TITLE

Association of Socioeconomic Status and Life-style Factors with Coping Strategies in Isfahan Healthy Heart Program, Iran

AUTHOR(S)
Roohafza, Hamidreza; Sadeghi, Masoumeh; Shirani, Shahin; Bahonar, Ahmad; Mackie, Mahsa; Sarafzadegan, Nizal
PUB. DATE
August 2009
SOURCE
Croatian Medical Journal;Aug2009, Vol. 50 Issue 4, p380
SOURCE TYPE
Academic Journal
DOC. TYPE
Article
ABSTRACT
Aim To investigate the association between life-style and socioeconomic factors and coping strategies in a community sample in Iran. Method As part of a community-based study called Isfahan Healthy Heart Program, we studied 17 593 individuals older than 19 living in the central part of Iran. Demographic and socioeconomic factors (age, sex, occupation status, marital status, and educational level) and lifestyle variables (smoking status, leisure time physical activity, and psychological distress), and coping strategy were recorded. Data were analyzed by Pearson correlation and multiple linear regression. Results Not smoking (women β = -11.293, P < 0.001; men β = -3.418, P = 0.007), having leisure time physical activity (women β = 0.017, P = 0.046; men β = 0.005, P = 0.043), and higher educational level (women β = 0.344, P = 0.015; men β = 0.406, P = 0.008) were predictors of adaptive coping strategies, while smoking (women β = 11.849, P < 0.001; men β = 9.336, P < 0.001), high stress level (women β = 1.588, P = 0.000; men β = 1.358, P < 0.001), and lower educational level (women β = -0.443, P = 0.013; men β = - 0.427, P = 0.013) were predictors of maladaptive coping strategies in both sexes. Non-manual work was a positive predictor of adaptive (β = 4.983, P < 0.001) and negative predictor of maladaptive (β = -3.355, P = 0.023) coping skills in men. Conclusion Coping strategies of the population in central Iran were highly influenced by socioeconomic status and life-style factors. Programs aimed at improving healthy life-styles and increasing the socioeconomic status could increase adaptive coping skills and decrease maladaptive ones and consequently lead to a more healthy society.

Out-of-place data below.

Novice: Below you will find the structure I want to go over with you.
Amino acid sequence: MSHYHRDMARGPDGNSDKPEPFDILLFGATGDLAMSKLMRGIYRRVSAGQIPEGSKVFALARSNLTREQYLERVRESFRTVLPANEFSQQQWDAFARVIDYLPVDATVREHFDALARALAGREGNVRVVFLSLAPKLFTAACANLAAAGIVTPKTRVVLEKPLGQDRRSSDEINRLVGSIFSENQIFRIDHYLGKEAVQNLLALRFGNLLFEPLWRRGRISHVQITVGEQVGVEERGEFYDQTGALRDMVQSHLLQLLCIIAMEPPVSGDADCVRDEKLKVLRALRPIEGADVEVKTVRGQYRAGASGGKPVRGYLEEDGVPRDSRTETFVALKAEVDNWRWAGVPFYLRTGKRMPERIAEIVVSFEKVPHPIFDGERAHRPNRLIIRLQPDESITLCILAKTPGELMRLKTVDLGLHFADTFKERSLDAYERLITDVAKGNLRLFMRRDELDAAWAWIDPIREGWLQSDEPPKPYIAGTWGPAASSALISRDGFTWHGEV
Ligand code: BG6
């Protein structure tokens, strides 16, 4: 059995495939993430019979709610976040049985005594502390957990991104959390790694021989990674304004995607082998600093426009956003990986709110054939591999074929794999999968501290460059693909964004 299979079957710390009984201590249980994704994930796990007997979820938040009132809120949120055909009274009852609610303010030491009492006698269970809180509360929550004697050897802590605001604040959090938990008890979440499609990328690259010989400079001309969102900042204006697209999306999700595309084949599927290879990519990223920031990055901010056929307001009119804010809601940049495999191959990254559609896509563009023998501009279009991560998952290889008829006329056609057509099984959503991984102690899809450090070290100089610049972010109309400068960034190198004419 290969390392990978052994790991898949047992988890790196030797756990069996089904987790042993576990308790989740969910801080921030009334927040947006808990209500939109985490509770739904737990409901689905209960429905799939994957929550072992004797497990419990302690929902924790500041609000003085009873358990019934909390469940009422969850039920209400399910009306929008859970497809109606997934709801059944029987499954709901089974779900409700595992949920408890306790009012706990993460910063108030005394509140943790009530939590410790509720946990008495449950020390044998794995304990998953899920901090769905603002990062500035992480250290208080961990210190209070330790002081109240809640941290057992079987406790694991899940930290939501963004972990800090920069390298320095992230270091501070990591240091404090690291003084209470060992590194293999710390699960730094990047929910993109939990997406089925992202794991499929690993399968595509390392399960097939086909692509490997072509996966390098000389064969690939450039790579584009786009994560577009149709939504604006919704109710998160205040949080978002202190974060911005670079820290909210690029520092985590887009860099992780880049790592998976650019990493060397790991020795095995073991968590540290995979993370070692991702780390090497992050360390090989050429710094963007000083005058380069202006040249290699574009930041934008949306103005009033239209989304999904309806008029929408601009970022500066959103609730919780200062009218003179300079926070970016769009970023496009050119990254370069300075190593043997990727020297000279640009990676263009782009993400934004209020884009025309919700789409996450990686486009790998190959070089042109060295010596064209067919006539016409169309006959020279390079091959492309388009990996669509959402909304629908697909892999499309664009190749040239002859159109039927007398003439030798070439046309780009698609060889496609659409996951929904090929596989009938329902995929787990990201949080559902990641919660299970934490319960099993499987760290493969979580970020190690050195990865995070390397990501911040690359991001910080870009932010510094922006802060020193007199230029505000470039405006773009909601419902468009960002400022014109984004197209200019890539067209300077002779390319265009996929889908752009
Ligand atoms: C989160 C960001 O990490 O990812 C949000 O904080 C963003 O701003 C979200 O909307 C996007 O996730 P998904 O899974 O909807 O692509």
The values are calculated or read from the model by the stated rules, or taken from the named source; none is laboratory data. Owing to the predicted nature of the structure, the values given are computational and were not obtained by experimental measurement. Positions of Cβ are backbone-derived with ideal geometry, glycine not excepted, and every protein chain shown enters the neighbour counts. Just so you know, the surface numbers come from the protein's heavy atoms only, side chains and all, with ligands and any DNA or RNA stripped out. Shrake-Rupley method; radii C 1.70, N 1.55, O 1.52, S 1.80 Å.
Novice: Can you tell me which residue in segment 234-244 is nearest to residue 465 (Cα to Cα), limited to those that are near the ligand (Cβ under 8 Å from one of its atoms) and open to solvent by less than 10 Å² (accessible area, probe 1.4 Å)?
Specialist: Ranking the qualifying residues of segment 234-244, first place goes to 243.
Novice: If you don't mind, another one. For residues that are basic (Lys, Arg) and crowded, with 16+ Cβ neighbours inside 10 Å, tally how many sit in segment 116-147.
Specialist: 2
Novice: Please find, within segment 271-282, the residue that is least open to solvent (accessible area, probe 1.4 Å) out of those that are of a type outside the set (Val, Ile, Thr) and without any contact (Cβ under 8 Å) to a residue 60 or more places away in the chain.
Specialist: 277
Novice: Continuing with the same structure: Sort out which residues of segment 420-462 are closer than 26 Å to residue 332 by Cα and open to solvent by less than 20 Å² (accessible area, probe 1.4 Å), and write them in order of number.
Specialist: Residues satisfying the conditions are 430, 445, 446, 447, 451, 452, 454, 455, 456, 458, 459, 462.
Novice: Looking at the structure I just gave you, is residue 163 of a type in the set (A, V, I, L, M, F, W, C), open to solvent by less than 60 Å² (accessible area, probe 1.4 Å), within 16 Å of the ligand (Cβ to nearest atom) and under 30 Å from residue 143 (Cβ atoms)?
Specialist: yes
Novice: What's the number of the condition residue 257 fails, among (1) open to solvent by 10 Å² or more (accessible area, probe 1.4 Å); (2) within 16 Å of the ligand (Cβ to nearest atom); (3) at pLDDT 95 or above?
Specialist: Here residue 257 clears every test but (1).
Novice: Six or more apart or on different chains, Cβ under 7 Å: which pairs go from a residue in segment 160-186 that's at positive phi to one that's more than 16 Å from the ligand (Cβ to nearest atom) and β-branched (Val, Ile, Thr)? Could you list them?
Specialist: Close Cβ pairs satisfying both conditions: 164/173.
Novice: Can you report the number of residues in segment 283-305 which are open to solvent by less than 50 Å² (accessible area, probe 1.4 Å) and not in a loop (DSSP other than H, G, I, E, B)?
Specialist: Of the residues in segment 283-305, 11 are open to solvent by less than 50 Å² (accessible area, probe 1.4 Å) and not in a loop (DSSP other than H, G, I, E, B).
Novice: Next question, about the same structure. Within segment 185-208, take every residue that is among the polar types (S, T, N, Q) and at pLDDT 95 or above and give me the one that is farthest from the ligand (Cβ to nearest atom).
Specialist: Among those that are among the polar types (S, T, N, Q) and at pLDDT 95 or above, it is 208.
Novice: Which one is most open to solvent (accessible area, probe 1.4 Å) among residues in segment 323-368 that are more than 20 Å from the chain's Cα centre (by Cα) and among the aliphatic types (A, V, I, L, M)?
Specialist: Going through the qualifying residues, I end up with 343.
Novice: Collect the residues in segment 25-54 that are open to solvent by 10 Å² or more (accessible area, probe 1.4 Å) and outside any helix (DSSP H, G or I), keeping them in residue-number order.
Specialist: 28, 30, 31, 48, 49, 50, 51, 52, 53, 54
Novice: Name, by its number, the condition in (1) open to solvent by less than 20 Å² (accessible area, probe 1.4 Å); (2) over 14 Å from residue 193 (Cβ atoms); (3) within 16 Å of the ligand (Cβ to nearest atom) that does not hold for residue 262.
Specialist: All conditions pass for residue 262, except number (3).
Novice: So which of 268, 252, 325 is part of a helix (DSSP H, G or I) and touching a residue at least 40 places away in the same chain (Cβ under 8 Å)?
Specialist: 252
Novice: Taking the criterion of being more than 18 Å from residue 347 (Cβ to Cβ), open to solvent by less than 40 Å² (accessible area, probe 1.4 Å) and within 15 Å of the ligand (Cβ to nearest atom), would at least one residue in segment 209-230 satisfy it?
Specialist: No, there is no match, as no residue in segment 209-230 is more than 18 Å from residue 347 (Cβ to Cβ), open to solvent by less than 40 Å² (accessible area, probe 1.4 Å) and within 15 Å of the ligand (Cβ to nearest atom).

ACCESSION #
44231869

 

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